Another embodiment of the invention can be used in a system that contains a plurality of distributed computing nodes which do not have a batch queuing system.
A process shutdown interface 106 is also configured to receive task criteria for terminating jobs corresponding to the task criteria. As described before, the process shutdown interface will collect information corresponding to specific criteria such as case names, application names, test names, or other specific criteria with which the user desires to terminate a group of jobs. The criteria from the process shutdown interface can be transmitted to the automatic shutdown module 108. The automatic shutdown process module is configured to receive information from the process tracking module regarding the jobs' or processes' computing node location. The automatic shutdown process module requests this information from the shared file and information system 102 and the process tracking module 104 based on the task criteria received from users. The processes that need to be terminated are identified based on the information received from the process tracking module which identifies job or process locations on a specific computing nodes.
Configuring this system to terminate processes provides the advantage of a redundant backup system that can be used for terminating processes. Even if the shared file and information system has crashed or failed, the automatic process shutdown module can still receive the task criteria from the automatic process shutdown interface and terminate the processes on the computing nodes. This specific scenario also presupposes that the automatic process shutdown module will still have access to the specific process information needed to shutdown the computing nodes even if the shared file and information system has crashed. Either the automatic process module can access the files used by the shared file information system, or the information about job or process locations can be transferred to the automatic shutdown module as the processes are submitted to the process tracking module.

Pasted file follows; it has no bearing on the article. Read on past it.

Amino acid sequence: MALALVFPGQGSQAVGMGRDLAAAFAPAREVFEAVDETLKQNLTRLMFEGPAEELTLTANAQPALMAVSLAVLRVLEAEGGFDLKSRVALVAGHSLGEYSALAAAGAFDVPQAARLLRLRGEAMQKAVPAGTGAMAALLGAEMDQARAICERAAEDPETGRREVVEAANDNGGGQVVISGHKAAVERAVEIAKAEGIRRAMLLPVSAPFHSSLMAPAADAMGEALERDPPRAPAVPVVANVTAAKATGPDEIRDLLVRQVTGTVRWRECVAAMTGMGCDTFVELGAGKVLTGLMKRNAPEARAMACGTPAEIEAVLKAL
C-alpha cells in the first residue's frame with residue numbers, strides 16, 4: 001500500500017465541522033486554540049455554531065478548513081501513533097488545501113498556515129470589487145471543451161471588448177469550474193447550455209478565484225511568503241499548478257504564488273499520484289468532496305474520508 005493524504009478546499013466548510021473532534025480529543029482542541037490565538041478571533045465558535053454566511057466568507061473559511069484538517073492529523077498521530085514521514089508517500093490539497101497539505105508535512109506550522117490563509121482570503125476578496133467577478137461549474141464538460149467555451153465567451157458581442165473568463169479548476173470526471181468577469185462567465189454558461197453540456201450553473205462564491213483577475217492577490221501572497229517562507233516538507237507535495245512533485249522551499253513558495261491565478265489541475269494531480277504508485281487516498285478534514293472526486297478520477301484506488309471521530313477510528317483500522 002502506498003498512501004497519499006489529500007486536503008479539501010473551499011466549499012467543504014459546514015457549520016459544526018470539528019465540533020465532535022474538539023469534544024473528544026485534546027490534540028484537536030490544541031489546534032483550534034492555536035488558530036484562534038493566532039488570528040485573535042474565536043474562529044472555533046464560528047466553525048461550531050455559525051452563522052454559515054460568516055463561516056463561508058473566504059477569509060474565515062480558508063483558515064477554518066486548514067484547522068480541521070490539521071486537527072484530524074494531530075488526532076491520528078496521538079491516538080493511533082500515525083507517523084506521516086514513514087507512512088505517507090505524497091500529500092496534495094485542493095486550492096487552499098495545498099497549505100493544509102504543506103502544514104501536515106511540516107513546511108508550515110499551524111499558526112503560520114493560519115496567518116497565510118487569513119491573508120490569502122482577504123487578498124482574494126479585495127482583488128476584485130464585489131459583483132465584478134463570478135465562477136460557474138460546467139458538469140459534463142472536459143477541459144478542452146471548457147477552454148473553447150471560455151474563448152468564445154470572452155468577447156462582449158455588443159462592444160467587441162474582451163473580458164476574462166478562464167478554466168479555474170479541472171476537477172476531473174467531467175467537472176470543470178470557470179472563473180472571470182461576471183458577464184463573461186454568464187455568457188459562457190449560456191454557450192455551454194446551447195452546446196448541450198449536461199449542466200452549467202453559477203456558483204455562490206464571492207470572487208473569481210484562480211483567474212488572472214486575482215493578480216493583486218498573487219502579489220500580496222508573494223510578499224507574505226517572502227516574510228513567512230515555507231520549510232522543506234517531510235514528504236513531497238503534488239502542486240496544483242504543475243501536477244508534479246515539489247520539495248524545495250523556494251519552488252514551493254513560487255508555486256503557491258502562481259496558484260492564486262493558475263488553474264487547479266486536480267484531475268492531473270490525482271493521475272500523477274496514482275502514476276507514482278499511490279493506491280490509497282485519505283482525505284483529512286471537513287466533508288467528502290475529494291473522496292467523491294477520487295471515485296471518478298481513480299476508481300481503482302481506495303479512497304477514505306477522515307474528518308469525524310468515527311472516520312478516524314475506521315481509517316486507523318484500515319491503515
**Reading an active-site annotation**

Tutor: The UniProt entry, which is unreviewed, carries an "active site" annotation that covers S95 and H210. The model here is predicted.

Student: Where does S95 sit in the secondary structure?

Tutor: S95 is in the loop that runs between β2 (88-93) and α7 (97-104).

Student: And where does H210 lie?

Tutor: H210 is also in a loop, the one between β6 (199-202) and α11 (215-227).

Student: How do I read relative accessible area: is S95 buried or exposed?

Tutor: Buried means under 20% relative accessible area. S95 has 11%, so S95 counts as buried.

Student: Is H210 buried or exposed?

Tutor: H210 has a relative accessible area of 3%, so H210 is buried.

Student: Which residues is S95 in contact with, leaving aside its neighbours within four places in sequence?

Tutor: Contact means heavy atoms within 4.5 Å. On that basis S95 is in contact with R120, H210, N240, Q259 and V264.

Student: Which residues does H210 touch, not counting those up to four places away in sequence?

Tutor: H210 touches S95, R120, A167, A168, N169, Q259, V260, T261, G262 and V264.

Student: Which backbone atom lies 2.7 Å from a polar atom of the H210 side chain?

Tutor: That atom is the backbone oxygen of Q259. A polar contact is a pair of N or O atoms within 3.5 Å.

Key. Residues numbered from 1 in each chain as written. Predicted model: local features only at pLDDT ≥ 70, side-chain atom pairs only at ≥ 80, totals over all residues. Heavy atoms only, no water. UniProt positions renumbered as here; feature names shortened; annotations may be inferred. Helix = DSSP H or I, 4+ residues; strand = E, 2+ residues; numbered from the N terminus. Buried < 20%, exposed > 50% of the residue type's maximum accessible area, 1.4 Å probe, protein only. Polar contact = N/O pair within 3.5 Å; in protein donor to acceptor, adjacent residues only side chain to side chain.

It is to be understood that the above-referenced arrangements are illustrative of the application for the principles of the present invention. Numerous modifications and alternative arrangements can be devised without departing from the spirit and scope of the present invention while the present invention has been shown in the drawings and described above in connection with the exemplary embodiments(s) of the invention. It will be apparent to those of ordinary skill in the art that numerous modifications can be made without departing from the principles and concepts of the invention as set forth in the claims.
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|U.S. Classification||718/101, 719/313, 719/314, 718/102, 709/223, 719/320, 715/740|
|International Classification||G06F9/46, G06F9/44, G06F15/177, G06F9/48|
|Dec 17, 2002||AS||Assignment|
Owner name: HEWLETT-PACKARD COMPANY, COLORADO
Free format text: ASSIGNMENT OF ASSIGNORS INTEREST;ASSIGNORS:MALY, JOHN W.;THOMPSON, RYAN C.;REEL/FRAME:013597/0509
Effective date: 20021213
|Jun 18, 2003||AS||Assignment|
Owner name: HEWLETT-PACKARD DEVELOPMENT COMPANY, L.P., COLORAD
Free format text: ASSIGNMENT OF ASSIGNORS INTEREST;ASSIGNOR:HEWLETT-PACKARD COMPANY;REEL/FRAME:013776/0928
Effective date: 20030131
Owner name: HEWLETT-PACKARD DEVELOPMENT COMPANY, L.P.,COLORADO
Free format text: ASSIGNMENT OF ASSIGNORS INTEREST;ASSIGNOR:HEWLETT-PACKARD COMPANY;REEL/FRAME:013776/0928
Effective date: 20030131
|Aug 19, 2008||CC||Certificate of correction|
|Dec 20, 2010||REMI||Maintenance fee reminder mailed|
|May 15, 2011||LAPS||Lapse for failure to pay maintenance fees|
|Jul 5, 2011||FP||Expired due to failure to pay maintenance fee|
Effective date: 20110515